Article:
Grover RutterSooner or later you are going to exit your business. The question isn’t whether or not you will be ready. The sixty four thousand dollar question is whether or not your business will be ready. It is estimated that seven out of ten privately held businesses have no succession plan to transfer the business to the next generation of owners. What does that mean to you? It means that if you do not currently have a plan in place to transfer your business to family members, existing partners, management or employees, someday you will think about selling your business. That day might come sooner than you anticipate. Don’t make the mistake of thinking that just because you are not currently ready to retire that you have plenty of time to prepare your business for sale. As a business broker, I have been involved in a number of transactions (and potential transactions) where the business owner wanted to sell, or in some instances, was forced to exit the business earlier than expected. In fact, retirement is NOT the number one reason why businesses sell. Here is a list of the most common reasons why owners sell (or otherwise discontinue) their businesses: Burn-out (the number one reason for selling) Health issues Personal diversification Retirement/semi-retirement Death Divorce/partner disputes Business growing too fast Second generation not up to the task Loss of market shareTAKE GOOD CAREThe sad truth is that many business owners do not take good care of their most valuable asset: the business. They don’t groom someone to continue the business in their absence, and do not keep the business in salable shape during the time they operate the business. Business owners tend to get too bogged down in the day to day business operations to worry about–or plan for an event that they perceive won’t occur until sometime in the distant future; selling the business. Unfortunately, fate sometimes dictates circumstances beyond your control, and tough decisions must be made. If your business isn’t ready to sell when the time comes, what are your alternatives?1.Liquidation of business assetsmay be a solution, but one that usually returns very little money to the business owner. If the business had been an operating business, the underlying assets (except for real estate) may be outdated and of little use to anyone. At auction, the assets will bring only what the attending bidders are willing to pay. In some instances, underlying assets are sold to liquidators (or scrap) for only pennies on the dollar. Liquidation of a going business often occurs where the owners have become ill or disabled, or need to retire and have not planned adequately for their exit from the business.2.Closing the businessis even less attractive than liquidation. That is because many who find themselves in this situation have a tendency to put off” liquidating the underlying assets in hope that maybe someone will come along to buy this business. This almost never happens.BUILD WEALTH NOW BY PLANNING FOR THE SALE OF YOUR BUSINESS Okay, so you think you have enough to do without throwing more onto the pile. Am I right? That is why I have written this article for you. It provides a down and dirty” overview of things that you ought to begin thinking about and planning for right now. Doing so will provide you with an additional safety net that will help safeguard your valuable business asset. Here are just a few of the benefits of planning now: A planned sale allows for your goals and objectives on your timetable You may begin to identify potential buyers You may be able to create an attractive acquisition candidate You can begin to understand why a buyer may want to buy You might learn why buyers would not want to buyand be able to fix the problems You may begin to realize the worth of your business now, and learn how to increase the value as part of your retirement planningBUSINESS VALUE HOUSEKEEPING CHECKLISTRecord All Sales Business owners often invent remarkable ways to beat the tax collector. But the taxman can be a business owner’s best friend when it comes to selling one’s business. Income taxes are a great investment in the years immediately preceding an anticipated sale of the business. Paying income tax proves to the buyer AND the banker that your business operations have been profitable. Nobody wants to pay more income tax. But consider this example: Ronald Bunk systematically underreported business income by an average of $20,000 per year. Assuming a combined tax rate of 40%, Mr. Bunk saved $8,000 in taxes per year. But, the underreported income also reduced the company’s earnings base by $20,000 per year. If, for example, the business could be sold for a multiple of 5x the company’s reported earning base—the company would sell for $100,000 less ($20,000 average earning base not reported times the price multiple of 5) than it is really worth! Without considering the time value of money, it would take in excess of twelve years of (illegal) tax savings to make up for the loss of $100,000 in business value. The lesson: In trying to screw the government, business owners often find themselves on the short end of the stick; often in more ways than one.Eliminate co-mingling of business and non business assetsA common practice among closely held companies is to co-mingle non business assets and expenses with business assets and expenses. I have seen businesses owning motor coaches, boats and airplanes; all reported as business assets. The costs of maintaining and operating the assets were expensed as regular business operating expenses. It is true that those businesses (not audited by the IRS) are saving a certain amount of income tax, and providing an extra fringe” benefit for the owners of the company. Wise business owners should endeavor to separate non business assets from the business in the three to five years before a planned sale of the company. Doing so will make it much easier to accurately measure and reflect the true earning power of the business, as it will be unfettered by the capital investment in non business assets and the associated costs. Buyers of your business are generally purchasing future income and benefit streams that will be produced by your business. The leaner and more productive your business isthe more it is worth. It is never too early to begin segregating non business assets from your business, as it may take some planning and time.Do your own due diligenceSome executives of both public and private firms get a physical check-up once a year. Many of these same executives think nothing of having their personal investments reviewed at least once a year, if not more often. Yet, these same prudent executives never consider giving their company an annual physical, unless they are required to by company rules, regulations or some other necessary reason.Anyone interested in purchasing your business will perform due diligence” procedures on your business before closing on the purchase. All too often, sellers are surprised at the skeletons purchasers can find in the closet. These skeletons can reduce the value of your company, and in some cases, kill any chance at closing a sale. What skeletons are your company’s closets? Why not give your business a periodic physical? In essence, I am suggesting you would do well to treat your business as if someone else owned itand you were the potential purchaser. What problems would you discover that could cause you and your advisors to reduce or withdraw your offer? Spending the time and money to discover and fix your company’s problems now will pay huge dividends in the form of increased company valuewhich is exactly what you want when it’s time to sell.Compliance with taxing and regulatory authoritiesMountains of regulation often seem to impede a company’s growth and profitability. Some regulations might seem rather easy to slight” or ignore. Take for example one of my recent sellers who swore to me that the business had no regulatory violations of any type. I reminded the seller that anything hidden in the closet” would most likely be discovered in a buyer’s due diligence (investigatory) process. Nopeno problems of any kind” I was assured. Well, guess what the buyer’s due diligence turned up? Seems the seller had a couple of shipping/storage containers sitting behind the buildingwhich the sellers KNEW were in violation of local zoning ordinances. How did they know? They had received four previous reminders” from the trustees about the containers, and the need to remove them. Why didn’t you mention that to me, or disclose that fact on your disclosure statement?” I asked. Gee, nothing ever happened and the township never did anythingso we just figured it was no big deal.” Was the seller’s reasoning.No big deal, except when the purchaser turned up the non compliance issue, it threw a few extra wrinkles into the mix. In that case, the issue was easily resolved (yet, much to the additional cost and chagrin of the sellers). But, sometimes known violations are not so easily remedied. In those instances, a seller runs the risk of blowing a good deal. What’s the bottom line? Clean up any tax, industry, OSHA, EPA or zoning issues with which your company does not comply. Organize and keep records available. One never knows when opportunity might knock. If and when it does knock, will you be ready to strike while the iron is hot? How many times have you heard someone say something like, I’d sell anything, including my business for the right price?” Maybe you have even said it yourself. But would you know what paperwork and documents a serious buyer will immediately need in order to pursue the purchase? When a qualified buyer is ready to begin serious due diligence, they will need a variety of company documents. Following is a partial list of things a buyer will ask for:Three to five years income tax returnsCopies of one to three years quarterly payroll reportsThree to five years CPA prepared financial statementsCurrent year to date financial statementsDetailed depreciation schedules listing each fixed asset owned by your companyCorporate Minute Book with updated minutesRecent aged accounts receivable trial balanceRecent aged accounts payable trial balanceCompany organization chartCopy of the Summary of Insurance Coverage (provided by your carrier)Information about Employee Benefits provided by the companyInformation about Employee Retirement PlansCopies of labor contractsCopies of other contracts to which the company is a partyCopies of licenses, registrations for patents, copyrights, trademarks, etc. The foregoing list is an example of the types of records your company should have up to date and on hand at all times. These records are extremely important to speed the sales process along. Though this advice sounds basic, I often encounter companies whose records are not complete and up to date. This situation can dramatically affect a potential sale. I suggest using a three ring binder to keep the basic updated records available at all times. This also makes other business needs for the documents much more manageable. CONCLUSIONYou can increase your wealth by knowing a few simple ground rules for successfully selling your business. Just like other owners of closely-held businesses, you know how to operate your business on a day to day, month to month and year to year basis. But your experience in running the business has not prepared you to know how to sell your business. While the information I provided in this article is not all inclusive, it should help you get started in preparing your business for a successful saleno mater when the business might be sold.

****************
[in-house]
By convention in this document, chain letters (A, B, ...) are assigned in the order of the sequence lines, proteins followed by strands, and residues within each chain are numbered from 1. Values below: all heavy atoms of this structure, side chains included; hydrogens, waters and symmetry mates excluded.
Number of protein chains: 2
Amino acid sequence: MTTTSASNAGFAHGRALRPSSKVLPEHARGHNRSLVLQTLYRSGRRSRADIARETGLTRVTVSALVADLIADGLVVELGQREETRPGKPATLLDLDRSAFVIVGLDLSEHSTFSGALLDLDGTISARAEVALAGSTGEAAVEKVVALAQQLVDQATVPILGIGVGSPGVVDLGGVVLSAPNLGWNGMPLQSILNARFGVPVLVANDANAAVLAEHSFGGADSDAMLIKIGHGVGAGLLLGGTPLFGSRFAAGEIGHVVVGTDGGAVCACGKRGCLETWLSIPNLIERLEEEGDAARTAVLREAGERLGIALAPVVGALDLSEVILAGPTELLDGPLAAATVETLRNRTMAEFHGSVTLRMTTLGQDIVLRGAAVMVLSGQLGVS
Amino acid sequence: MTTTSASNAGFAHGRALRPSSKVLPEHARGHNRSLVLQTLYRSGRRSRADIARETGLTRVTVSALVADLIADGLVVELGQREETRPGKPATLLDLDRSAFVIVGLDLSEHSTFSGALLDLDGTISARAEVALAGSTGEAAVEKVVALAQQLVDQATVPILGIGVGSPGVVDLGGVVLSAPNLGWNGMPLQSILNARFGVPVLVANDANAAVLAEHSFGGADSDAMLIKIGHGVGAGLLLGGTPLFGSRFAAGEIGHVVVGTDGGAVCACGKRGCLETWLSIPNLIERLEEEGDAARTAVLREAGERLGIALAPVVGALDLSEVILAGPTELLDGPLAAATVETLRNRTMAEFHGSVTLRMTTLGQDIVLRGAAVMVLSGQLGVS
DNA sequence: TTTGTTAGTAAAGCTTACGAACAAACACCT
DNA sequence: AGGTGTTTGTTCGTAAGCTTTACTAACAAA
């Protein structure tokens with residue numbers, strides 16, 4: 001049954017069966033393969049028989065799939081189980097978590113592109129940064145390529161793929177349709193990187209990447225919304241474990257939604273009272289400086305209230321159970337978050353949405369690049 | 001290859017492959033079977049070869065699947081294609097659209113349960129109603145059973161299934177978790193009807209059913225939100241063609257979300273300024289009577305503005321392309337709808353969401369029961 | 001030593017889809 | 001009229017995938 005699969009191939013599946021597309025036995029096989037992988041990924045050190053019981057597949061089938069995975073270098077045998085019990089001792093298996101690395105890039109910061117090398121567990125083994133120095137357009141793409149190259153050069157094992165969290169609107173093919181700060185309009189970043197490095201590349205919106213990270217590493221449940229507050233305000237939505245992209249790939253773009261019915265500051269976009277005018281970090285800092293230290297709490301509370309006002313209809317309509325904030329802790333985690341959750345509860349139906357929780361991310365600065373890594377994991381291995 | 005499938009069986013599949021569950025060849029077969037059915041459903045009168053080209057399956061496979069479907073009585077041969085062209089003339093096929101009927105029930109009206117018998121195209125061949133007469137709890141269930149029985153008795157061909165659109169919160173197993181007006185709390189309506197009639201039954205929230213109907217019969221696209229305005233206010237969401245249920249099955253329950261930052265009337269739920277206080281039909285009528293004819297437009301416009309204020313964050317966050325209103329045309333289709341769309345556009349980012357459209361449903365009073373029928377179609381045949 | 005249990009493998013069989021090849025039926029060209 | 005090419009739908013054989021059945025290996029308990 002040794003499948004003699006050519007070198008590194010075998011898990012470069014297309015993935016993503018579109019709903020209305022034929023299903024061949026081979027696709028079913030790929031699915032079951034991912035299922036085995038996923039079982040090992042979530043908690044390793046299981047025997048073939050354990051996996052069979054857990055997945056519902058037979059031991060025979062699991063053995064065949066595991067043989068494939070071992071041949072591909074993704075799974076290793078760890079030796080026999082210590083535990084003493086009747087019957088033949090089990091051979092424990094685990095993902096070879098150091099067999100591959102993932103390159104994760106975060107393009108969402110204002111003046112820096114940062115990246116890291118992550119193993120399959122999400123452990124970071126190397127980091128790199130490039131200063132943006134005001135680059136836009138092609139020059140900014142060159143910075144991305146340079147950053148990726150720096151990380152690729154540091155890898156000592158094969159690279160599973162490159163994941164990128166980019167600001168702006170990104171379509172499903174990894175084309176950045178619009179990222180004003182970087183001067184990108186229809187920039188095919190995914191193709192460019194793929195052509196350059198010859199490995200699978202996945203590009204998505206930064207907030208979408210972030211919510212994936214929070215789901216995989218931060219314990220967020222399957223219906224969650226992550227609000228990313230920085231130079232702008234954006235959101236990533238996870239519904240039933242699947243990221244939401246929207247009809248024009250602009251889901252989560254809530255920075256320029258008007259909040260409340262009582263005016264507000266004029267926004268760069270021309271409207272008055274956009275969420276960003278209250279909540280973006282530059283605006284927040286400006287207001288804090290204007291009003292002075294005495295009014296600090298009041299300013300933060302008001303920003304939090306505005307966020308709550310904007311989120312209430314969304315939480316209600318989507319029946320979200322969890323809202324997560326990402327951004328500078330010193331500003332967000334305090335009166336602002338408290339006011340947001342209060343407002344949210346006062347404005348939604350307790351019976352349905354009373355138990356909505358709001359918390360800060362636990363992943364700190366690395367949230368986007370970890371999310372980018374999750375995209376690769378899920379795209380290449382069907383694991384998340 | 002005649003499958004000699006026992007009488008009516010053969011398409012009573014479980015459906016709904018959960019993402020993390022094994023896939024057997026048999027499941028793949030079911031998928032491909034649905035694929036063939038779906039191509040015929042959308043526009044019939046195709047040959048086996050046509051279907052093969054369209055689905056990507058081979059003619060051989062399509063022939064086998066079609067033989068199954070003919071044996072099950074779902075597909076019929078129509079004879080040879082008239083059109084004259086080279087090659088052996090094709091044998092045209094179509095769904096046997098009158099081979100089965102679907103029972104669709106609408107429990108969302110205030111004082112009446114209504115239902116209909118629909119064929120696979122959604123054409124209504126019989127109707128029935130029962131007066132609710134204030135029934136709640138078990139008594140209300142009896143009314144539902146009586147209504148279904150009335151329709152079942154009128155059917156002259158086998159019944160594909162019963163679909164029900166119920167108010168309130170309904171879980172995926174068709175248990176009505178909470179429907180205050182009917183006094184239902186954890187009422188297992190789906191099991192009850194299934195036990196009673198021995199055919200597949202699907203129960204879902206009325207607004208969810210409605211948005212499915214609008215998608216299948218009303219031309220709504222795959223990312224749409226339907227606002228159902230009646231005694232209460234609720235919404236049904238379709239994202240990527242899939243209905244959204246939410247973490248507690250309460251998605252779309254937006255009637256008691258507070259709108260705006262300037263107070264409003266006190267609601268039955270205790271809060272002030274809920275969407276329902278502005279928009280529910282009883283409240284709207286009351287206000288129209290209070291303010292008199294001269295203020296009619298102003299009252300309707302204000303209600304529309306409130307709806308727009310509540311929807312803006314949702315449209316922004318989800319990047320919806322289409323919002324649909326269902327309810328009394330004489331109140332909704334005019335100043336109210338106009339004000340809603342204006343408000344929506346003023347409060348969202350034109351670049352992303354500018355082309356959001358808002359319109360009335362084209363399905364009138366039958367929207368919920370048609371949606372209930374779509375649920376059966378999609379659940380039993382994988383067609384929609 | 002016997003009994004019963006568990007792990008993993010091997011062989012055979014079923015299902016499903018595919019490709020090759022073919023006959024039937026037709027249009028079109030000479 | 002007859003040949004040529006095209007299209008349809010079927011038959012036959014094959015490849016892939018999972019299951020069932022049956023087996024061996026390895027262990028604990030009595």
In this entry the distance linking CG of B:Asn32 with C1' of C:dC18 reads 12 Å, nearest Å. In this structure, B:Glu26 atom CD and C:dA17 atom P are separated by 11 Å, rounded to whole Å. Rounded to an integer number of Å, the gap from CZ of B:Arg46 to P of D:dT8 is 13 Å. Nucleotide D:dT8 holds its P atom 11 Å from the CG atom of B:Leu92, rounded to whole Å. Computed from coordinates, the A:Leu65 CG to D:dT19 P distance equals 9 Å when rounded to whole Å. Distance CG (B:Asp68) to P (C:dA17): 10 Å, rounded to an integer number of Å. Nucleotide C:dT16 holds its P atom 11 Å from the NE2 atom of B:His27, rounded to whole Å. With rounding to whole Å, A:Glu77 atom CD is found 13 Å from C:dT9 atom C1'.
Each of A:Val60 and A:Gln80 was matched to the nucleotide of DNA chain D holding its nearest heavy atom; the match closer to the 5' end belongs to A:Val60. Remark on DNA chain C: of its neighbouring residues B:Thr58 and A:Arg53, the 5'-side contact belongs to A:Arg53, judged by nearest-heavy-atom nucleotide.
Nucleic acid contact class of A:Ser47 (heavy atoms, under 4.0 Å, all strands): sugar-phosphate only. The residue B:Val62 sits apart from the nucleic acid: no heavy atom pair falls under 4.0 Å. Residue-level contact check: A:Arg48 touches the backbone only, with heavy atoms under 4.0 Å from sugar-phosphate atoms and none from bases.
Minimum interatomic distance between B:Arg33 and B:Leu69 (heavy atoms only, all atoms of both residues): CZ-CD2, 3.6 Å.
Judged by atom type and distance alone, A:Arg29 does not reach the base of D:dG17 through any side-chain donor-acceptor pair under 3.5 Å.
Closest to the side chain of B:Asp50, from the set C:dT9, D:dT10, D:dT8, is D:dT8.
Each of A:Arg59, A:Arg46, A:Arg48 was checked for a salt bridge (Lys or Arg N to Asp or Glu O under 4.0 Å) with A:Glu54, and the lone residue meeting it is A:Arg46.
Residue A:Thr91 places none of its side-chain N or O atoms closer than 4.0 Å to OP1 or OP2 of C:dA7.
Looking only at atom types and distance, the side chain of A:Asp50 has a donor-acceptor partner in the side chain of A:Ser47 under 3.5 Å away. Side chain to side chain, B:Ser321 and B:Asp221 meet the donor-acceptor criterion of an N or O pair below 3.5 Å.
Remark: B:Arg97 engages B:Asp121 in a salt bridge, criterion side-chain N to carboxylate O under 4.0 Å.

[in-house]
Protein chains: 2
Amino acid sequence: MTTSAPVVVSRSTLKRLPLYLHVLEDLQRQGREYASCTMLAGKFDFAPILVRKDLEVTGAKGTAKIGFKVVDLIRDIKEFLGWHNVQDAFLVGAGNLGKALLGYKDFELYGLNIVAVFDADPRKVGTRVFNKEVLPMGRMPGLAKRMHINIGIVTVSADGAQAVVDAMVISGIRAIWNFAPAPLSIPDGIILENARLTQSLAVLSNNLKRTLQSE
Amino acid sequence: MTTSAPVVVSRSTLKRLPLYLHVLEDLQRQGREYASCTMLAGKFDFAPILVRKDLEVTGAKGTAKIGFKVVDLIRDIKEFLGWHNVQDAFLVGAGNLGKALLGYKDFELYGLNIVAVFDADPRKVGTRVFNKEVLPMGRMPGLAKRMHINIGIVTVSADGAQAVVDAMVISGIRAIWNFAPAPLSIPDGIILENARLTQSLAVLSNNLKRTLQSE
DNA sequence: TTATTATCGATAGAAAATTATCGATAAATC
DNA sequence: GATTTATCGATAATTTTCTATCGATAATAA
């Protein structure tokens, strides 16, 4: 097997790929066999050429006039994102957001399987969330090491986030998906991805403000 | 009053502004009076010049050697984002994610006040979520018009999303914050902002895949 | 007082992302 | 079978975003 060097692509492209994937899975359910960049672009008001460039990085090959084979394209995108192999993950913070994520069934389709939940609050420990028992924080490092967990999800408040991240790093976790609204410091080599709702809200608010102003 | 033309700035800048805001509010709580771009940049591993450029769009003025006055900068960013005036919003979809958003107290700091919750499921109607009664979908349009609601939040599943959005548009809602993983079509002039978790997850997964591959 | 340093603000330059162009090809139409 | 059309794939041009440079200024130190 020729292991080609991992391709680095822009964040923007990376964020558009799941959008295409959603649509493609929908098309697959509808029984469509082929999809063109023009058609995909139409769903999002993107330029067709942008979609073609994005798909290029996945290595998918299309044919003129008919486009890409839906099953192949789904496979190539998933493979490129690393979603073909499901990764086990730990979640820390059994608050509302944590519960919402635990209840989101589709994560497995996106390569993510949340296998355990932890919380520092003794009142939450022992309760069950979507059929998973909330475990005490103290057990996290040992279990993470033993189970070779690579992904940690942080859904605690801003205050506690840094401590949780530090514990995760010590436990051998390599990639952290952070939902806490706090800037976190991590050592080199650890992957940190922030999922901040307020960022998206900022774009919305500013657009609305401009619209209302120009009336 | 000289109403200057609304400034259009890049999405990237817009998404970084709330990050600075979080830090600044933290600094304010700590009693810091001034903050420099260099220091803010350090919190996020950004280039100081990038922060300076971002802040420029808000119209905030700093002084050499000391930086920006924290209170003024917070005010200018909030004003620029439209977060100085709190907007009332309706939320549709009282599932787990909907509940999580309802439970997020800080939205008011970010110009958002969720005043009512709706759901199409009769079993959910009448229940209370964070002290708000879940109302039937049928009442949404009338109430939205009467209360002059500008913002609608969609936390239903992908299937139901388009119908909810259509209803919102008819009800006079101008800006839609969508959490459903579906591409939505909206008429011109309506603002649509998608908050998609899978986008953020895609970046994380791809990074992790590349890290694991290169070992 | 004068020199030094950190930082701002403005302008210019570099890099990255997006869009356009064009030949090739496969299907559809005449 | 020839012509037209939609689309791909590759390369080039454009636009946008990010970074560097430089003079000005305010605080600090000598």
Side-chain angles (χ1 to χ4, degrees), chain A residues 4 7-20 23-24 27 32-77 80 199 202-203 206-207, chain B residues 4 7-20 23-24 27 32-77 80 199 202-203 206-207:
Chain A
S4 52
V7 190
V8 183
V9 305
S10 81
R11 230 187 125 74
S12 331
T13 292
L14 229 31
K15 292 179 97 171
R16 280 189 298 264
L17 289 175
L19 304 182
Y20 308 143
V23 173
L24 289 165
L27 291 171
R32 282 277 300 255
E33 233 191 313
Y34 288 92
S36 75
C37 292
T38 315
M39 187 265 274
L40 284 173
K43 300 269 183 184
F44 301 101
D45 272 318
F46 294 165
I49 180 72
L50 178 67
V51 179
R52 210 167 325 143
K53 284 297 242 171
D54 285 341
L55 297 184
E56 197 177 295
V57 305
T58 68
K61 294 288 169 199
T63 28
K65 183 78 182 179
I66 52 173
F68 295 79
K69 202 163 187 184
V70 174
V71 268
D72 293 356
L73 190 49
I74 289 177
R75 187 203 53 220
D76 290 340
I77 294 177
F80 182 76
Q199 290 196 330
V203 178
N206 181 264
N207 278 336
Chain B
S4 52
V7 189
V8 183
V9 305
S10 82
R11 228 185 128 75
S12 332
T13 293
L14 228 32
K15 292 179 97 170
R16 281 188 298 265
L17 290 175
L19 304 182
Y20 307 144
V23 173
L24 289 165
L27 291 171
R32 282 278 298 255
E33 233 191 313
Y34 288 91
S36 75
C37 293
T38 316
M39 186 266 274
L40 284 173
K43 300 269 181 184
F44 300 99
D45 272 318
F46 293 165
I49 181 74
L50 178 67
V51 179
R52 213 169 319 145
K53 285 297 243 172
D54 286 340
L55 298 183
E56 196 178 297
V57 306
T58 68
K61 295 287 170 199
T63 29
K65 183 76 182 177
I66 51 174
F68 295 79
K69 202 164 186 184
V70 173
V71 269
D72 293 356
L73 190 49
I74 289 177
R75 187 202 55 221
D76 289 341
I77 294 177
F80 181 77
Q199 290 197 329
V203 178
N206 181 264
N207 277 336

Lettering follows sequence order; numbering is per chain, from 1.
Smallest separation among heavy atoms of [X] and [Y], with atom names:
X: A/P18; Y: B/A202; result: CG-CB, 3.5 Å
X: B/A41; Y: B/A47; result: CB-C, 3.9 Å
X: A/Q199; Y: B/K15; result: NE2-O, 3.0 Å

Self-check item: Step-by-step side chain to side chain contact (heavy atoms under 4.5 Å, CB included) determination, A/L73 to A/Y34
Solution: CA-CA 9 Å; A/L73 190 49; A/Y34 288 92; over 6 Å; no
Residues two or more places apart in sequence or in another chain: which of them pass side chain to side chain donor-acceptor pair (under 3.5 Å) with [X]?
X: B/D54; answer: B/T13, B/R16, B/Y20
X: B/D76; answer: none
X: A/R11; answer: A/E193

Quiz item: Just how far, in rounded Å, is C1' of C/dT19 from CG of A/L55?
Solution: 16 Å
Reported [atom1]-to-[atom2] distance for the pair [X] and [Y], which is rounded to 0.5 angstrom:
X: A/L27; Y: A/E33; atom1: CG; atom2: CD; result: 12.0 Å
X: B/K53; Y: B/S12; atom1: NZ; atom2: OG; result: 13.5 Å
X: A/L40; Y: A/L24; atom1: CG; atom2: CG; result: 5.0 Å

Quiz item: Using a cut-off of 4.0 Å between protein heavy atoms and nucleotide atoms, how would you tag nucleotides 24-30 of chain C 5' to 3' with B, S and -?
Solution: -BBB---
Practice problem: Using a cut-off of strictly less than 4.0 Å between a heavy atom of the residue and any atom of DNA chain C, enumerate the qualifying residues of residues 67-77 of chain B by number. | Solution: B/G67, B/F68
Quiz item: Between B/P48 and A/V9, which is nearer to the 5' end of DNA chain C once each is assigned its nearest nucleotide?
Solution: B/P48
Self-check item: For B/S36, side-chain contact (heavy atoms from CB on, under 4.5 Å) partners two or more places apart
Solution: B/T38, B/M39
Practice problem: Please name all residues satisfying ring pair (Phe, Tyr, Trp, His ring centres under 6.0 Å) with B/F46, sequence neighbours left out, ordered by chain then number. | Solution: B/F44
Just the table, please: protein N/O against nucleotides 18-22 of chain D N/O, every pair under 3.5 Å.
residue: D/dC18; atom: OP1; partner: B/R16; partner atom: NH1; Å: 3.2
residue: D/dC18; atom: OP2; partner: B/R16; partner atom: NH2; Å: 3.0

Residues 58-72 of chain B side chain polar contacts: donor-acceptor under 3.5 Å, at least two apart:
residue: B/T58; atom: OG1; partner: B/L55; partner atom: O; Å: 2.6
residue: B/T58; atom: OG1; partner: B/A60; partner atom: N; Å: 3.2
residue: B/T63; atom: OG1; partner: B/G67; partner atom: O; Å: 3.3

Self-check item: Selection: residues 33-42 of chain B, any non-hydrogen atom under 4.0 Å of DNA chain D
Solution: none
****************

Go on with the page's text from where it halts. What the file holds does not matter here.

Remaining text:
Grover Rutter has over 30 years’ experience advising business owners. A sought after business broker and consultant, Grover is a CPA, Accredited Business Valuator, Certified Valuation Analyst, Business Valuator Accredited in Litigation and an Empire Certified Business Broker.